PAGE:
Bread and chocolate

Feel free to skip this post if you aren’t interested in hearing me blather on about cooking.  Bakers, stick with me.

Trying to recreate American baked goods in a foreign country can be tricky.  The ingredients are different, the tools are different.  Recipes that are a breeze back home present unexpected challenges in a new environment.

The first time I made brownies in Bosnia, I used my favorite recipe out of the New Best Recipe cookbook.  I’d had excellent results with these in Damascus – a Syrian friend of Alekka’s described them as “angels having a chocolate party in my mouth.” Gotta say, I was pretty chuffed when I heard that.

Of course, in Damascus, I had access to all that stuff I’d shipped over from the States: professional baking pans, KitchenAid mixer, a year’s supply of American baking staples.  Remember that giant stack of boxes in my living room in August? In January we gave away our ingredients to the school guards and shipped the equipment back to Medford, where the boxes are once again piled up in the living room.

Now we live in a furnished apartment in Sarajevo. When we first got here, I tried making brownies for the International Week potluck at Alekka’s school.  They weren’t terrible, but they were nowhere near angel-party level.

Dessert table at the school’s International Week potluck. Some of these brownie-baking moms have access to the US embassy commissary (sorry to say, not I). My pathetic contribution is hiding in the red basket in the back.

There are some difficulties that can be overcome: the eggs are smaller (use more); there is no vanilla extract (but there are vanilla beans, so make vanilla sugar); the sugar has larger crystals (live with it.)  But there are others that are more problematic.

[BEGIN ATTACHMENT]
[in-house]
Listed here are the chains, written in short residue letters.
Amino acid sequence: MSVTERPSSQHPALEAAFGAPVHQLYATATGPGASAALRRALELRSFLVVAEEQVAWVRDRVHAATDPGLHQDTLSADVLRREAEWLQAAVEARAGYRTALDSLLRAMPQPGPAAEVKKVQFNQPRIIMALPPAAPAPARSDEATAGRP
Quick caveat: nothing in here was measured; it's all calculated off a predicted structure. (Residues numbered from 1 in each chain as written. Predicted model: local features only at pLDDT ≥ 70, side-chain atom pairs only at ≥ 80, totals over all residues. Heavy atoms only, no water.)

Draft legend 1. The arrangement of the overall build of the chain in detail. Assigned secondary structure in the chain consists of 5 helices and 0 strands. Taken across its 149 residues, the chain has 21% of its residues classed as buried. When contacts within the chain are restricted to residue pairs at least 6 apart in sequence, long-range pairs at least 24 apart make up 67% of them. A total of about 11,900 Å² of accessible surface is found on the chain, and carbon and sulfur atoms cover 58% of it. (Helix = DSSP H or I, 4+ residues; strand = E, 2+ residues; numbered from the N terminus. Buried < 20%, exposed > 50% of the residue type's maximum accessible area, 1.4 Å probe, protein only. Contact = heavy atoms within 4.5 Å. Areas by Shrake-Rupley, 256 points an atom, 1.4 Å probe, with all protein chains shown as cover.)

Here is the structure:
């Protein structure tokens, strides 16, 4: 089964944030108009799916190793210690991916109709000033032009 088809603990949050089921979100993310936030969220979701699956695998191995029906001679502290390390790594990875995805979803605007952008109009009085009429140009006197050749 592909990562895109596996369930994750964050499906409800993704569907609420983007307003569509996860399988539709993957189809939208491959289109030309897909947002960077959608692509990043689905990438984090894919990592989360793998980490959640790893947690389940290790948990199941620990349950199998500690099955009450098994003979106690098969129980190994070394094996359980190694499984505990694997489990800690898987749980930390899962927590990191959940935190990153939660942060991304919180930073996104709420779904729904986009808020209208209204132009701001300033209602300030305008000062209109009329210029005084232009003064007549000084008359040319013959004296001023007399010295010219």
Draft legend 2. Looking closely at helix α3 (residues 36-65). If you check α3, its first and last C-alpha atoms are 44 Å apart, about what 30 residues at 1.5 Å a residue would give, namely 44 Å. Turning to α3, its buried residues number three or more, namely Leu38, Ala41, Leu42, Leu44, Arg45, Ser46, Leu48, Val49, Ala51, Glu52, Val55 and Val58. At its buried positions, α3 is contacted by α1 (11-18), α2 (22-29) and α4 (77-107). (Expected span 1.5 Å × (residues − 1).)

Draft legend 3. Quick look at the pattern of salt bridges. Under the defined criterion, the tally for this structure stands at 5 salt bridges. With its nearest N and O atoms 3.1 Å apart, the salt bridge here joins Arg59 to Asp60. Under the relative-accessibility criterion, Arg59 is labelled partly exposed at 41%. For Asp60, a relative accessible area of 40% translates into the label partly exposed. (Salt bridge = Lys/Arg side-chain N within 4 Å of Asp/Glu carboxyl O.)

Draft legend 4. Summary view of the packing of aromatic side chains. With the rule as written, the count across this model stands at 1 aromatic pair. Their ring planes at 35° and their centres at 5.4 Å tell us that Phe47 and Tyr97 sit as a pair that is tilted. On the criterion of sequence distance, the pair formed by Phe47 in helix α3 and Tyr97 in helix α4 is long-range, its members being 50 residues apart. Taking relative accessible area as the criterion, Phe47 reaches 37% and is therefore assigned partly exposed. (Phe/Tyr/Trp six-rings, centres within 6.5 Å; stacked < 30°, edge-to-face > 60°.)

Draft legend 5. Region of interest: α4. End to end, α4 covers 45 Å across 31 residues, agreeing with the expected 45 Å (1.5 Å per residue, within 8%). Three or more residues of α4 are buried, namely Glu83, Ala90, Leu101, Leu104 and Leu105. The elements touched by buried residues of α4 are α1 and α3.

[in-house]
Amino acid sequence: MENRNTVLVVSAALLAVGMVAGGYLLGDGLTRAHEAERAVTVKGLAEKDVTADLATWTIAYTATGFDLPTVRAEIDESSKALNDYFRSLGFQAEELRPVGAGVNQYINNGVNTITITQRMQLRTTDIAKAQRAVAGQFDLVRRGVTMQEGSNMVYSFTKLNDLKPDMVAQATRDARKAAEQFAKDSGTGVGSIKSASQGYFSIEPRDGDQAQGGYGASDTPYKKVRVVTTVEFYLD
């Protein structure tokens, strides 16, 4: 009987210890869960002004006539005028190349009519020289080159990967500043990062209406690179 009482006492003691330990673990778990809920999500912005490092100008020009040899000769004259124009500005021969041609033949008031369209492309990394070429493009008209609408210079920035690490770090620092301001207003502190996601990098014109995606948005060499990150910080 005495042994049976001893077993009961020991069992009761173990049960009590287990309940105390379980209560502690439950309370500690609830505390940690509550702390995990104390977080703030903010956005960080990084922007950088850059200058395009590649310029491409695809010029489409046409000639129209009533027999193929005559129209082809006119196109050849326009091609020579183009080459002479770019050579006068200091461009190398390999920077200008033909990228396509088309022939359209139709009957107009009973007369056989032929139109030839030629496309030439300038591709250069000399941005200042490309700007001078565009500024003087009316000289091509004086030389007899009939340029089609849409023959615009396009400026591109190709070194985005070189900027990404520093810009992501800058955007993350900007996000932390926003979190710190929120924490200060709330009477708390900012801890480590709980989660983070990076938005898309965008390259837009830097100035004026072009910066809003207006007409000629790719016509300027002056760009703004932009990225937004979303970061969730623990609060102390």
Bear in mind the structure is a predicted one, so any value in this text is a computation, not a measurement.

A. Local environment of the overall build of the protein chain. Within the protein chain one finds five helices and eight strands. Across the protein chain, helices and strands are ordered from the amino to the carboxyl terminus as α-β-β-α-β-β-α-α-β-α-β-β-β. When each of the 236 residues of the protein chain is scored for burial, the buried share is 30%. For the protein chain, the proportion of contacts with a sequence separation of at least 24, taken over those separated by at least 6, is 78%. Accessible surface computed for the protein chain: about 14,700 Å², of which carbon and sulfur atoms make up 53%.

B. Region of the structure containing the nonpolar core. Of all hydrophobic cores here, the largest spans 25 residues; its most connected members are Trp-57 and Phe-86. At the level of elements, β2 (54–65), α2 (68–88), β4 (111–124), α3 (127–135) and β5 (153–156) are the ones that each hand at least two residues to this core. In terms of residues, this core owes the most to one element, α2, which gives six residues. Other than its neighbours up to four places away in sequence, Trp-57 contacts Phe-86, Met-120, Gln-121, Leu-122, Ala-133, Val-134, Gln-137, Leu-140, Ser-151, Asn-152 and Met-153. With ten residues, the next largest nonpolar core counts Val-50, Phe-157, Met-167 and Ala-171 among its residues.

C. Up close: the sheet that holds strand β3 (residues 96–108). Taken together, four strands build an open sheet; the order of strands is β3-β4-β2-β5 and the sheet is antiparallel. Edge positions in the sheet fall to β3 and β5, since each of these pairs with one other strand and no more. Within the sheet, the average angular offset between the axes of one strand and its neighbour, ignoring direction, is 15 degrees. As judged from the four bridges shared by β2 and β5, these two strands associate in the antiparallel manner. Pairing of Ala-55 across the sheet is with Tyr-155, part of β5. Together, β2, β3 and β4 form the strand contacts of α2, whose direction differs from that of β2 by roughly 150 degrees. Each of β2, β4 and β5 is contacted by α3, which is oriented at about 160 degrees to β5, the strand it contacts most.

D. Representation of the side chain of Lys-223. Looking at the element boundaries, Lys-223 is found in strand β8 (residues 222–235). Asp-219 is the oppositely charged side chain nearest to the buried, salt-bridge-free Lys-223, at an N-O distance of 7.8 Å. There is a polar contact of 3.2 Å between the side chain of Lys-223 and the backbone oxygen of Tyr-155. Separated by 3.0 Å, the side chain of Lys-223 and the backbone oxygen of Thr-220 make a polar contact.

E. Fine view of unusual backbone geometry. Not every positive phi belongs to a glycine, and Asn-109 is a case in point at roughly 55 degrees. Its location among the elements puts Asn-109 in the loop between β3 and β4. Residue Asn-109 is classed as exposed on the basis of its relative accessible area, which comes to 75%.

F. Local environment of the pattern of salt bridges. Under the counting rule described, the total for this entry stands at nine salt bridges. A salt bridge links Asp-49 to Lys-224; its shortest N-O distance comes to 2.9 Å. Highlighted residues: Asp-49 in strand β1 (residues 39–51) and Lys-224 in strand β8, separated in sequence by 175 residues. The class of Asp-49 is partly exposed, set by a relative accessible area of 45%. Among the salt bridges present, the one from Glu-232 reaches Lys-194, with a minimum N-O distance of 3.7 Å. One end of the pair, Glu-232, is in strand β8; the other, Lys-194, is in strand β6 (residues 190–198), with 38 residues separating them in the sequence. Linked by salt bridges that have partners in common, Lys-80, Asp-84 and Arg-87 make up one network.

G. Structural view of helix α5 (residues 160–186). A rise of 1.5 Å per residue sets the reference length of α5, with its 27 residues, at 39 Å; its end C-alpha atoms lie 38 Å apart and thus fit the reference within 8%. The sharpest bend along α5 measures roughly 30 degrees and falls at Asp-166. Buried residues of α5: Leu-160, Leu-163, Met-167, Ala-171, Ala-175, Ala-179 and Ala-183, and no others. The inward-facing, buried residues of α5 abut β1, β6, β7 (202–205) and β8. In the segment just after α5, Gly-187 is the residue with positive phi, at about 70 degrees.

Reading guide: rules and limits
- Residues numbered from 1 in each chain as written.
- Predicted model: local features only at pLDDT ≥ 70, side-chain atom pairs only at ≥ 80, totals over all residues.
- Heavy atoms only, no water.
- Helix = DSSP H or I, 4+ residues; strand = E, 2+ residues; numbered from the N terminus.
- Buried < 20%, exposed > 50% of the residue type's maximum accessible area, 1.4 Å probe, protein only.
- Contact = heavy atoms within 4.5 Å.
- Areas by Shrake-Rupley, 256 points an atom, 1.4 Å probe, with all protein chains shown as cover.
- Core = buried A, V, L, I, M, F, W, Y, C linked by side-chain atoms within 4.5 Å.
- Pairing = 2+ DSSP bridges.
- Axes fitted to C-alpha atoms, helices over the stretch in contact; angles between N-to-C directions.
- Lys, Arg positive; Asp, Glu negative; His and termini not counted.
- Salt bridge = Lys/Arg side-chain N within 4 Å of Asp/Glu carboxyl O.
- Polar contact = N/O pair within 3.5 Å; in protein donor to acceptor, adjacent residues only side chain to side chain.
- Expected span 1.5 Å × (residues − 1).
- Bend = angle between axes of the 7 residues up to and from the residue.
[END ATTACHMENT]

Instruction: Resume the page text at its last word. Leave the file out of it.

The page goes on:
The first big issue was the baking powder.  American expats who bake will tell you to bring your own baking powder. That’s good advice. There are two brands here: Podravka’s Dolcela and Dr. Oetker’s Backin. According to Wikipedia, Backin is the original baking powder formula, but neither brand acts the same as the stuff you get in the US.

A complicating factor is the flour, which affects the behavior of the baking powder. There is a dizzying variety of flour on offer at the grocery store here.  An entire aisle at the Konzum supermarket is given over to wheat flour, potato flour, rye flour, corn flour and more, each in varieties mysteriously labeled T-400, T-550, T-800.  Then there’s “zlatni puder” which my dictionary says means “golden powder.”  Not helpful. I am still looking for one that approximates standard American all-purpose flour.

Assembled ingredients.

But the biggest brownie obstacle is the chocolate.  There is no unsweetened baking chocolate in this country.  I have looked everywhere, including all the shops that cater to expats.  When I ask for it, clerks look at me like “why would you want that?”  I’ll tell you why: because I need it for my New Best Recipe brownies.

I tried using the darkest chocolate candy bar I could find and reducing the sugar, but … eh.  I also tried my friend Susan’s recipe for Cocoa Powder Brownies, forwarded to me by our very helpful mutual friend Leslie.  Alas, I am still not satisfied: it turns out the cocoa powder here tastes different, plus I haven’t really solved the flour and baking powder issues.

What I have solved, though, is the pan problem.  All you need some aluminum foil and a stale loaf of bread and – voila – your 8×14 inch pan is now 8×8.


About lornaofarabia

I am a teacher from Medford, Oregon. I currently live and work in Bangkok, Thailand.
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